Concerns regarding the teratogenicity of fluoroquinolones have resulted in their restricted use during gestation. This is despite an increasing need for their use due to emerging bacterial resistance. The objectives of the present investigation were to evaluate pregnancy and fetal outcomes following maternal exposure to fluoroquinolones and to examine whether in utero exposure to quinolones is associated with clinically significant musculoskeletal dysfunctions. We prospectively enrolled and followed up 200 women exposed to fluoroquinolones (norfloxacin, ciprofloxacin, ofloxacin) during gestation. Pregnancy outcome was compared with that for 200 controls matched for age and for smoking and alcohol consumption habits. Controls were exposed to nonteratogenic, nonembryotoxic antimicrobial agents matched by indication, duration of therapy (±3 days), and trimester of exposure. Rates of major congenital malformations did not differ between the group exposed to quinolones in the first trimester (2.2%) and the control group (2.6%) (relative risk, 0.85; 95% confidence interval, 0.21 to 3.49). Women treated with quinolones had a tendency for an increased rate of therapeutic abortions compared with the rate among women exposed to nonteratogens (relative risk, 4.50; 95% confidence interval, 0.98 to 20.57), resulting in lower live-birth rates (86 versus 94%; P = 0.02). The rates of spontaneous abortions, fetal distress, and prematurity and the birth weight did not differ between the groups. Gross motor developmental milestone achievements did not differ between the children of the mothers in the two groups. We concluded that the use of fluoroquinolones during embryogenesis is not associated with an increased risk of major malformations. There were no clinically significant musculoskeletal dysfunctions in children exposed to fluoroquinolones in utero. The higher rate of therapeutic abortions observed in quinolone- exposed women compared to that for their controls may be secondary to the misperception of a major risk related to quinolone use during pregnancy.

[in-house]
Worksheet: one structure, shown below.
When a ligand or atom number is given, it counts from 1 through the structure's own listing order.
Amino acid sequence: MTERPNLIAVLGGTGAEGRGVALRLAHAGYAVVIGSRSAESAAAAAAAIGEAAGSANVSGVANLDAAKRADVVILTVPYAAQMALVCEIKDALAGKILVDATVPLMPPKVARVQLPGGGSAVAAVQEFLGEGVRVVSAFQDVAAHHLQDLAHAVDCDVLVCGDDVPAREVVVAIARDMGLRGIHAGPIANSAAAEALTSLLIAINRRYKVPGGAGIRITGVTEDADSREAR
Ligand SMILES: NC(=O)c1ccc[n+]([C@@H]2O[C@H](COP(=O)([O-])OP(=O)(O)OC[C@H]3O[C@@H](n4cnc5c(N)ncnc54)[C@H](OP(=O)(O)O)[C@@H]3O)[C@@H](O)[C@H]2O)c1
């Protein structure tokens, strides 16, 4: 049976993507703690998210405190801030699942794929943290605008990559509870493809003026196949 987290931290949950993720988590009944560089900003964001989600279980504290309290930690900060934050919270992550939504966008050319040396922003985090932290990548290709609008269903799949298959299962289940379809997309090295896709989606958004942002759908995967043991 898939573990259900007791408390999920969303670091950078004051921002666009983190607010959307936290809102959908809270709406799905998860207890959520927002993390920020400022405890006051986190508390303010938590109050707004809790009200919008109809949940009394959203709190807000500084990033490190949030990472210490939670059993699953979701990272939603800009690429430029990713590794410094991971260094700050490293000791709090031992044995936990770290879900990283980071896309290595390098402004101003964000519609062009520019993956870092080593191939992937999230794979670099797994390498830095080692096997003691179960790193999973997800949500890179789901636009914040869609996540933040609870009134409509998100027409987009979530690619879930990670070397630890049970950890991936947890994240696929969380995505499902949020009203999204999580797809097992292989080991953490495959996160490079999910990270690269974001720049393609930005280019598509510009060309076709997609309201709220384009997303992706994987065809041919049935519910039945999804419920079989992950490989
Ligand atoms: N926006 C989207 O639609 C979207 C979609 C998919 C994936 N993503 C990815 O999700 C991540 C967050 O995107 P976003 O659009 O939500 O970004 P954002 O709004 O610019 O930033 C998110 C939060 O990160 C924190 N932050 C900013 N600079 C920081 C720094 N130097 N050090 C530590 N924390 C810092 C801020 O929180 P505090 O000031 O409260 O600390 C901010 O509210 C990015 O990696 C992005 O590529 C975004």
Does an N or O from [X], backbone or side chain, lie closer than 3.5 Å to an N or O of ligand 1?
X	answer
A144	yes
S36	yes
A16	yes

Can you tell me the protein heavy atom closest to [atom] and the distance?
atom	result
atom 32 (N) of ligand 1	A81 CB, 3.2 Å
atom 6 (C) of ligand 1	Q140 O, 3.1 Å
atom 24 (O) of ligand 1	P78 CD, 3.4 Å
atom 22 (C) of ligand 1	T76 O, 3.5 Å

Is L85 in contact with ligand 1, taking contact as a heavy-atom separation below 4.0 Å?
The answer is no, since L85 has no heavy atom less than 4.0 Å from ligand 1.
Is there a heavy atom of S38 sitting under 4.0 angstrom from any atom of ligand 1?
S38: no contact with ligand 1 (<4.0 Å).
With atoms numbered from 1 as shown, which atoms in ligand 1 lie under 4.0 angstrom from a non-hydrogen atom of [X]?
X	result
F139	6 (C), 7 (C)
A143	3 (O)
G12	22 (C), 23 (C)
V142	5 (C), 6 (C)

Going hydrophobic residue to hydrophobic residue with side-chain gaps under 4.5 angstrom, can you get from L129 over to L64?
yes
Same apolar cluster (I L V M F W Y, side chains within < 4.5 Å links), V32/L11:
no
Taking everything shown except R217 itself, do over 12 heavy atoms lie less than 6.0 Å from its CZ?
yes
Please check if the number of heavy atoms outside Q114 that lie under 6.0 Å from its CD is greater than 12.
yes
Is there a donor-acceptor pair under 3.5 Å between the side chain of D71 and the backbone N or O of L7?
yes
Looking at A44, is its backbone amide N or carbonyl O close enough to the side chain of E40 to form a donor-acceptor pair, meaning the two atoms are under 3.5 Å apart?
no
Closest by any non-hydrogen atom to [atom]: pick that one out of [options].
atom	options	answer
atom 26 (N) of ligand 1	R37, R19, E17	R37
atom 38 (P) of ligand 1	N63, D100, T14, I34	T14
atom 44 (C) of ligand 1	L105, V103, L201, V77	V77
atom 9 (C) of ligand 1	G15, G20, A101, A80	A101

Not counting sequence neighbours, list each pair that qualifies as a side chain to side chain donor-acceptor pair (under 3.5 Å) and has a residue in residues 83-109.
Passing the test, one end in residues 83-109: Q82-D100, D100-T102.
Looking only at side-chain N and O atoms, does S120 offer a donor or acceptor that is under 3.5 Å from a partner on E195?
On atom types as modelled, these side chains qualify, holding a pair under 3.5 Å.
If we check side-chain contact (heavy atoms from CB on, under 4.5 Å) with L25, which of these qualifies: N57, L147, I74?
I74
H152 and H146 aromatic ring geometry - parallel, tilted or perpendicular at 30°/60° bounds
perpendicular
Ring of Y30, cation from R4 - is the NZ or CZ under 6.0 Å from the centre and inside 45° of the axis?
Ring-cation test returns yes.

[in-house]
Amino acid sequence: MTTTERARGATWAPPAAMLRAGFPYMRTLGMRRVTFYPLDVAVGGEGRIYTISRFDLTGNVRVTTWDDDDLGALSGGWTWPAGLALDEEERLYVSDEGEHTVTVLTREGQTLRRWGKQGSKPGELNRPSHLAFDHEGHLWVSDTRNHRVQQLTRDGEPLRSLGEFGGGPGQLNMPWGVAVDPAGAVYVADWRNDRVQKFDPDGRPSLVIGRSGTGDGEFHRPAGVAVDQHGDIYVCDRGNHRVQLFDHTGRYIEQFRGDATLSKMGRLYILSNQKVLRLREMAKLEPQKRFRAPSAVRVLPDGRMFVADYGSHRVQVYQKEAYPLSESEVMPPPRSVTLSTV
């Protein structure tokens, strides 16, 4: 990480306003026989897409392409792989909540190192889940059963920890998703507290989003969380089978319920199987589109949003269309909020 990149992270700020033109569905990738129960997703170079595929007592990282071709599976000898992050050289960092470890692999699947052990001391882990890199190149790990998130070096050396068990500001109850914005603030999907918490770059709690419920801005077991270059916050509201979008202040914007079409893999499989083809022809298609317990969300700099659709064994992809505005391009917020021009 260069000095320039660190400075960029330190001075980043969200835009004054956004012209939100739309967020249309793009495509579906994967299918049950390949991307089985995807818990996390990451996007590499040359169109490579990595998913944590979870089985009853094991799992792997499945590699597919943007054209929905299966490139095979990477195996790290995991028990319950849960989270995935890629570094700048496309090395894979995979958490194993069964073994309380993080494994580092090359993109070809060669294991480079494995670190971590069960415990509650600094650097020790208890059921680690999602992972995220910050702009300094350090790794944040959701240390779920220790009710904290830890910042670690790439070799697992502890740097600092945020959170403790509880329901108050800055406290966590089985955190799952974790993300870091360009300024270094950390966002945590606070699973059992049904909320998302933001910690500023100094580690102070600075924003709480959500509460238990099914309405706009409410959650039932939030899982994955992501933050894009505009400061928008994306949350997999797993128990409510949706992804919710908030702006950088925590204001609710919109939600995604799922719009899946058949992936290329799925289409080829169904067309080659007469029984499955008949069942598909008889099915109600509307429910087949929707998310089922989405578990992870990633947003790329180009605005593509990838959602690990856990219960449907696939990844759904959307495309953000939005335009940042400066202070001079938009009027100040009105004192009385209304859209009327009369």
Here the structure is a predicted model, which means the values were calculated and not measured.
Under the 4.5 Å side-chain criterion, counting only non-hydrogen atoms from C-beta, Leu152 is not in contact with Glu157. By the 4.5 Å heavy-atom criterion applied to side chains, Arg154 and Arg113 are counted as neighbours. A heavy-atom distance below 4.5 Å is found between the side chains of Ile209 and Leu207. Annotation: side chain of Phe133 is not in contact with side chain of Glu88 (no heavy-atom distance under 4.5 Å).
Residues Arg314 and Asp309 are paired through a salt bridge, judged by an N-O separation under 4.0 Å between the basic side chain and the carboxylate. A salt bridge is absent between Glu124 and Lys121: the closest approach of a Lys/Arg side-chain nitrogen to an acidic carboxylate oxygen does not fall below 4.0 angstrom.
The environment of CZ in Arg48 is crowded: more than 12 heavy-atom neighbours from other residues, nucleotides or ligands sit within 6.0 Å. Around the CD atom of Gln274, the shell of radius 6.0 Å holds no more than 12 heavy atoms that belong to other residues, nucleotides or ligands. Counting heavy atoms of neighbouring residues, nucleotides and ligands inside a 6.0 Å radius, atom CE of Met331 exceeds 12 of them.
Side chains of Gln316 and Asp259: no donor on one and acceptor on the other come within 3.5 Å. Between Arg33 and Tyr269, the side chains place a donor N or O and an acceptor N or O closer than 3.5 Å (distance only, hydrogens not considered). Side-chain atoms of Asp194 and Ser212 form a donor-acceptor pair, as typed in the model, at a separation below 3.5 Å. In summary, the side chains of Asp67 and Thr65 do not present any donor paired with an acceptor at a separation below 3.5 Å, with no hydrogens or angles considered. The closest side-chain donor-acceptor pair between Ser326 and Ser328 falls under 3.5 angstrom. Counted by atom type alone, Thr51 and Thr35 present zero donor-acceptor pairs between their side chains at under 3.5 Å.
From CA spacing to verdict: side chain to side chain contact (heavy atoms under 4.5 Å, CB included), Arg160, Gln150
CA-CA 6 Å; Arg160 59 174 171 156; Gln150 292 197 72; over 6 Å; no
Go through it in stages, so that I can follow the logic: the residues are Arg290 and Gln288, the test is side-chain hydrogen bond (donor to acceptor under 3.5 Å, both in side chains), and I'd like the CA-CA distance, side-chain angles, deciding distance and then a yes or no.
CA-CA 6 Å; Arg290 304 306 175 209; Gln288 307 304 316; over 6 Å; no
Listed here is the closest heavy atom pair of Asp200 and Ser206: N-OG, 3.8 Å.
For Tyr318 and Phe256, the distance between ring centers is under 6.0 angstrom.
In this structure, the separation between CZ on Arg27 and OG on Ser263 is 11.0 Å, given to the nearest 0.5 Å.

|Number of pages||4|
|Journal||Antimicrobial Agents and Chemotherapy|
|Publication status||Published - Jun 1998|
ASJC Scopus subject areas
- Pharmacology (medical)